and one brother. I let them know that I had von Willebrand disease and that they should all consider getting tested because it’s inherited and they come from the same genes as me.
They did. And they all found that they don't have von Willebrand disease. I was the lucky person out of the four who got it.
I have 4 children and 13 grandchildren and they're all aware of the situation. Some have been tested and some will be tested. It may be passed down to them and it's good that they know sooner than later that if they carry or have VWD.


My family understands this and certainly my wife is well aware of the various things that occur because of the disease. She deals with it by helping me deal with it.
It doesn't really affect your lifestyle. You just have to be aware of it and how to manage it, so that if certain things happen, you are able to deal with it. I like to walk in the bush and if I have a couple of falls or scrapes and am bleeding, we ensure that we get them bandaged straight away and that they are kept covered until they are able to heal themselves, because if they're open, they continue to bleed and that's not good for anyone.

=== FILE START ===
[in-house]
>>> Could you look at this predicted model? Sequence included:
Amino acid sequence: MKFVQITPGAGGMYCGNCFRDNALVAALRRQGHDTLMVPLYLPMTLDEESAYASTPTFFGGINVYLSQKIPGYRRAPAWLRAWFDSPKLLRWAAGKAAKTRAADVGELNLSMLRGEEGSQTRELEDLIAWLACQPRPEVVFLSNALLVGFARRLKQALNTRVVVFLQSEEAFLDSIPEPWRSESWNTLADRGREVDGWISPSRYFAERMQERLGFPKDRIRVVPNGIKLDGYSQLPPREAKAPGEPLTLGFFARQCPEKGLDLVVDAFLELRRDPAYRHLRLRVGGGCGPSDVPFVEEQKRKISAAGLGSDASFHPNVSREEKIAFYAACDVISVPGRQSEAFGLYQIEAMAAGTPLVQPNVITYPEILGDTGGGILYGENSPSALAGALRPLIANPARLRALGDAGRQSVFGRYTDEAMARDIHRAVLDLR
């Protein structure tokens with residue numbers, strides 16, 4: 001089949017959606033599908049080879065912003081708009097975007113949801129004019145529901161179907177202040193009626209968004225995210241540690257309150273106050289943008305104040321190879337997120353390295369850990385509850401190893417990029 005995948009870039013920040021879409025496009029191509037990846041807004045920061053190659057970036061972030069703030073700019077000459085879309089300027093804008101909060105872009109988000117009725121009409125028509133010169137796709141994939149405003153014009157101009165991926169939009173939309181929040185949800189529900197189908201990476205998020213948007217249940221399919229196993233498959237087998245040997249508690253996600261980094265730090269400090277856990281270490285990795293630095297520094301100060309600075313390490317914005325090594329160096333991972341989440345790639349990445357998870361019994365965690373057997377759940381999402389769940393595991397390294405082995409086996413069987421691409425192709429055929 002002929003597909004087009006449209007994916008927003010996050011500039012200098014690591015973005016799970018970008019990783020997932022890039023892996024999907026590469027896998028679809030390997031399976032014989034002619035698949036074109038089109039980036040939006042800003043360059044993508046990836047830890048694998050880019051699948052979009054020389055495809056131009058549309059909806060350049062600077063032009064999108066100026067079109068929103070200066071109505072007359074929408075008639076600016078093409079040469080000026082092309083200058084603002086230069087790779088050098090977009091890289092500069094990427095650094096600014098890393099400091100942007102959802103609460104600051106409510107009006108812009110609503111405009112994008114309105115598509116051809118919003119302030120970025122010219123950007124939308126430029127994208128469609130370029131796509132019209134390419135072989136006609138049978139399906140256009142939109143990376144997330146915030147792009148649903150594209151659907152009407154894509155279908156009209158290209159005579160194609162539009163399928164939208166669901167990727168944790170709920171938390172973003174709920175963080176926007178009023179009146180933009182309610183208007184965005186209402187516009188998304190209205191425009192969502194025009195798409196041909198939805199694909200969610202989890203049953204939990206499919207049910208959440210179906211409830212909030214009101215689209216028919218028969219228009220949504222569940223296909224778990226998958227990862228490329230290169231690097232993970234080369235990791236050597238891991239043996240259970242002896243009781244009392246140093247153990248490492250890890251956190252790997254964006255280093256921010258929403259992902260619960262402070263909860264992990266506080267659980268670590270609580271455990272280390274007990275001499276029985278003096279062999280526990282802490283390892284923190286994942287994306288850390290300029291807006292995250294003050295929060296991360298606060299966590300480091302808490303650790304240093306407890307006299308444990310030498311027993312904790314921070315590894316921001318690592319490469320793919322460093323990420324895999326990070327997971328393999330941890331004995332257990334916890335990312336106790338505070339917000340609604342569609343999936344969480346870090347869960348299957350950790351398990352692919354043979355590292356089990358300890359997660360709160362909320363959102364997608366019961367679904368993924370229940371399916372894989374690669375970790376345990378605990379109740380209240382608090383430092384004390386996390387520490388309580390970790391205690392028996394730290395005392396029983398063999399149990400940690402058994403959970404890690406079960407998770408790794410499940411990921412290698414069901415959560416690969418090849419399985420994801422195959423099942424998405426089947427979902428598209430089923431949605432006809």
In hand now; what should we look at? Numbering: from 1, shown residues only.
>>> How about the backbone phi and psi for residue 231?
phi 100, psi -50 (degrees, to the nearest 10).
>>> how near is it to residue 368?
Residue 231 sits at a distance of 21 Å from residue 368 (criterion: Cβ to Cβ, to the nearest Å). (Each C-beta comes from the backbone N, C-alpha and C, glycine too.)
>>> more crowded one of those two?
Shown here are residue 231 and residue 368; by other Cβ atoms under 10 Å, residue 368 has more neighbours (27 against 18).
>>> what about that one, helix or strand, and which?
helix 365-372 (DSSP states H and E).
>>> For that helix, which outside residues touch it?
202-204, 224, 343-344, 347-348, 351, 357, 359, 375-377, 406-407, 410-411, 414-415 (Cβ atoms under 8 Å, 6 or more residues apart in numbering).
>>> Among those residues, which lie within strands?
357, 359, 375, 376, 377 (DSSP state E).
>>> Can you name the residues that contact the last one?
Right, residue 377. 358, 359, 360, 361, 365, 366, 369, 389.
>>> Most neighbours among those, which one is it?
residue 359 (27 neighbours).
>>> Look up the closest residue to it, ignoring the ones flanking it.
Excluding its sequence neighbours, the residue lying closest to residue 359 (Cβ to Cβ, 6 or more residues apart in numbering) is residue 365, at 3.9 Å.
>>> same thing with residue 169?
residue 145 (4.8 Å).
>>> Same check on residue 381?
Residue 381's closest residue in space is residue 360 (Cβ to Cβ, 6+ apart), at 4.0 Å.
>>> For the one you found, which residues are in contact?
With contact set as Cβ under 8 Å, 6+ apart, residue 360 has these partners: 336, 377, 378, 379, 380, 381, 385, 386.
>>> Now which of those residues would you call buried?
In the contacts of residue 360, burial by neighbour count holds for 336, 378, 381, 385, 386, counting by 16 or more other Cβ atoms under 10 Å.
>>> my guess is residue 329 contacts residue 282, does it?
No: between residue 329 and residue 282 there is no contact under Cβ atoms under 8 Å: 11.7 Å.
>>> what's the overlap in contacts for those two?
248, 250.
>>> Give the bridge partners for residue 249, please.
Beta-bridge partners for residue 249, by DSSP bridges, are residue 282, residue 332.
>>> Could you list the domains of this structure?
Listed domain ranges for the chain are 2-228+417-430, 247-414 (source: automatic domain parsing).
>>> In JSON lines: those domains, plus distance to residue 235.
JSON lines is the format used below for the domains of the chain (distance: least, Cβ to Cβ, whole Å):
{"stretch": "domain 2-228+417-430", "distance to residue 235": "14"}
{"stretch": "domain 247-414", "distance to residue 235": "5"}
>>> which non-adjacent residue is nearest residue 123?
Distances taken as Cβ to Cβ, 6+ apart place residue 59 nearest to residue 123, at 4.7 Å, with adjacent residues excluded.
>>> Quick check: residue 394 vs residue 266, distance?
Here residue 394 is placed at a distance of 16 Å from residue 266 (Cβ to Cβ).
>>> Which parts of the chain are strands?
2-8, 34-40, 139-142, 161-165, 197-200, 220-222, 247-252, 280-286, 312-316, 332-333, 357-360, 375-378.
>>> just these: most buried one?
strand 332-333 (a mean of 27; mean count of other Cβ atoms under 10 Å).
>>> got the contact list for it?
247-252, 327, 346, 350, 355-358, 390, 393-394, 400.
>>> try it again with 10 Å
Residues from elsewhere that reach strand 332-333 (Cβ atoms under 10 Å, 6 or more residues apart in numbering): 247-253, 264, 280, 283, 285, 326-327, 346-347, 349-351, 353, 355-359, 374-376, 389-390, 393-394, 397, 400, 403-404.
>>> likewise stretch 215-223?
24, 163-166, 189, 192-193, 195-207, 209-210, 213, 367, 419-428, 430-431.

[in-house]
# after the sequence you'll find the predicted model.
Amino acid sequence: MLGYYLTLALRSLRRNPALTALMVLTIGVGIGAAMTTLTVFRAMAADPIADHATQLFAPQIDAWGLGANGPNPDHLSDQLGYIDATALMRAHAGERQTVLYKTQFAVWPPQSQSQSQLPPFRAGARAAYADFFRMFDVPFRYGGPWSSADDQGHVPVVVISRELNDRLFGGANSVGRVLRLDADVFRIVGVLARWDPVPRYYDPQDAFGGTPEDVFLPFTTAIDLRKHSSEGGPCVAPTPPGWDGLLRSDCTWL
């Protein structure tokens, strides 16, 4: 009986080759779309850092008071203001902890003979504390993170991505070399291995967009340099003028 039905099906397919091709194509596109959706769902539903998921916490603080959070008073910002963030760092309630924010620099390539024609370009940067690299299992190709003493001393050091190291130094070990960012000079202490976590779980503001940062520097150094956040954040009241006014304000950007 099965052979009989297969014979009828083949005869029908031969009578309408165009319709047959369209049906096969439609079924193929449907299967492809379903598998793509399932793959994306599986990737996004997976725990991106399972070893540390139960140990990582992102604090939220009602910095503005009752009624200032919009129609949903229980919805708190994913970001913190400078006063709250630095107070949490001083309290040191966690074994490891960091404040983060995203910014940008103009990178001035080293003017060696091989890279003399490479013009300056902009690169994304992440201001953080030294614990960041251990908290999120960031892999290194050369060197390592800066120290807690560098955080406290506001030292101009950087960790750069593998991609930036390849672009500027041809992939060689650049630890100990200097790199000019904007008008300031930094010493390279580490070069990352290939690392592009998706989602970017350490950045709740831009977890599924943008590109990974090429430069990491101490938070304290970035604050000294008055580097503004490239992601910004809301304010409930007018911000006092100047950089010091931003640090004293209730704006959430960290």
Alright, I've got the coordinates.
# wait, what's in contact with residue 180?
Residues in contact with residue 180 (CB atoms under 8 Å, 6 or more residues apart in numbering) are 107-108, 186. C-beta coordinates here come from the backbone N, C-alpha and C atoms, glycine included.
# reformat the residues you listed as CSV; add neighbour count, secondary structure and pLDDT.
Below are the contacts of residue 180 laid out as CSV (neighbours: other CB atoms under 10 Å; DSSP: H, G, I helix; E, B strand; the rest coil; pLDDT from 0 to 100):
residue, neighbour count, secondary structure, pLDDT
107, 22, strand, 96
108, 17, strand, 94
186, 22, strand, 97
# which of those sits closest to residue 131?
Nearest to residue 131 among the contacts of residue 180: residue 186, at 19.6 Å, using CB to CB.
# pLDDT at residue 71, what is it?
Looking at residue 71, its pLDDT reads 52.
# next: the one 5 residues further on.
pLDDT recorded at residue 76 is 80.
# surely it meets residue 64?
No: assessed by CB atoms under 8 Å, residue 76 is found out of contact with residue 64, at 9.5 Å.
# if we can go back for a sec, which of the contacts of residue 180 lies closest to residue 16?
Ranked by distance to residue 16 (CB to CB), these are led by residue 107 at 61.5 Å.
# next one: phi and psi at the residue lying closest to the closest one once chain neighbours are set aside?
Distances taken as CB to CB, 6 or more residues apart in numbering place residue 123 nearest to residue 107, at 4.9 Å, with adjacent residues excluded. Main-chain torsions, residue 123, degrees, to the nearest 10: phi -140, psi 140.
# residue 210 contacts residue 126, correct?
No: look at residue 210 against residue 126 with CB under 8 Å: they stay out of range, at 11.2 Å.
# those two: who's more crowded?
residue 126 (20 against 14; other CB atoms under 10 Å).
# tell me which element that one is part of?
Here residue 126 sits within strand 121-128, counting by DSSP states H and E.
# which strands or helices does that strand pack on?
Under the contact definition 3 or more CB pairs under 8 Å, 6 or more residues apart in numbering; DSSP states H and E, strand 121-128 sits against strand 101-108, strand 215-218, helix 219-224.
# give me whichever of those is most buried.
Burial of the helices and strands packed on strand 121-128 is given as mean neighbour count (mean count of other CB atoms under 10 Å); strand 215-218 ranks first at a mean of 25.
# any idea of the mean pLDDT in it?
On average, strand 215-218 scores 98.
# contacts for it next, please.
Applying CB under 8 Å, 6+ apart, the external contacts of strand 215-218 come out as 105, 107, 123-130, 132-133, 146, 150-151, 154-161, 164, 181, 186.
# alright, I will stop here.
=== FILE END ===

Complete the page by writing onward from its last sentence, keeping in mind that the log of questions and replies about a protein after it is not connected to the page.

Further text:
My message to other people diagnosed with VWD is that they need to be referred to a Haemophilia Treatment Centre, and the Centre will look after them. They will need to go to hospitals that are capable of dealing with VWD, particularly for operations. You might have a favourite doctor, but it’s important that they are capable of understanding what's involved in the treatment of people with von Willebrand disease.
You can't pick your parents and you can’t pick your previous generations, but you learn to deal with von Willebrand disease. And I just hope that if future generations in my family do have VWD, they will be able to deal with it because of the knowledge that I have been able to pass onto them.

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Date last reviewed: 13 December 2021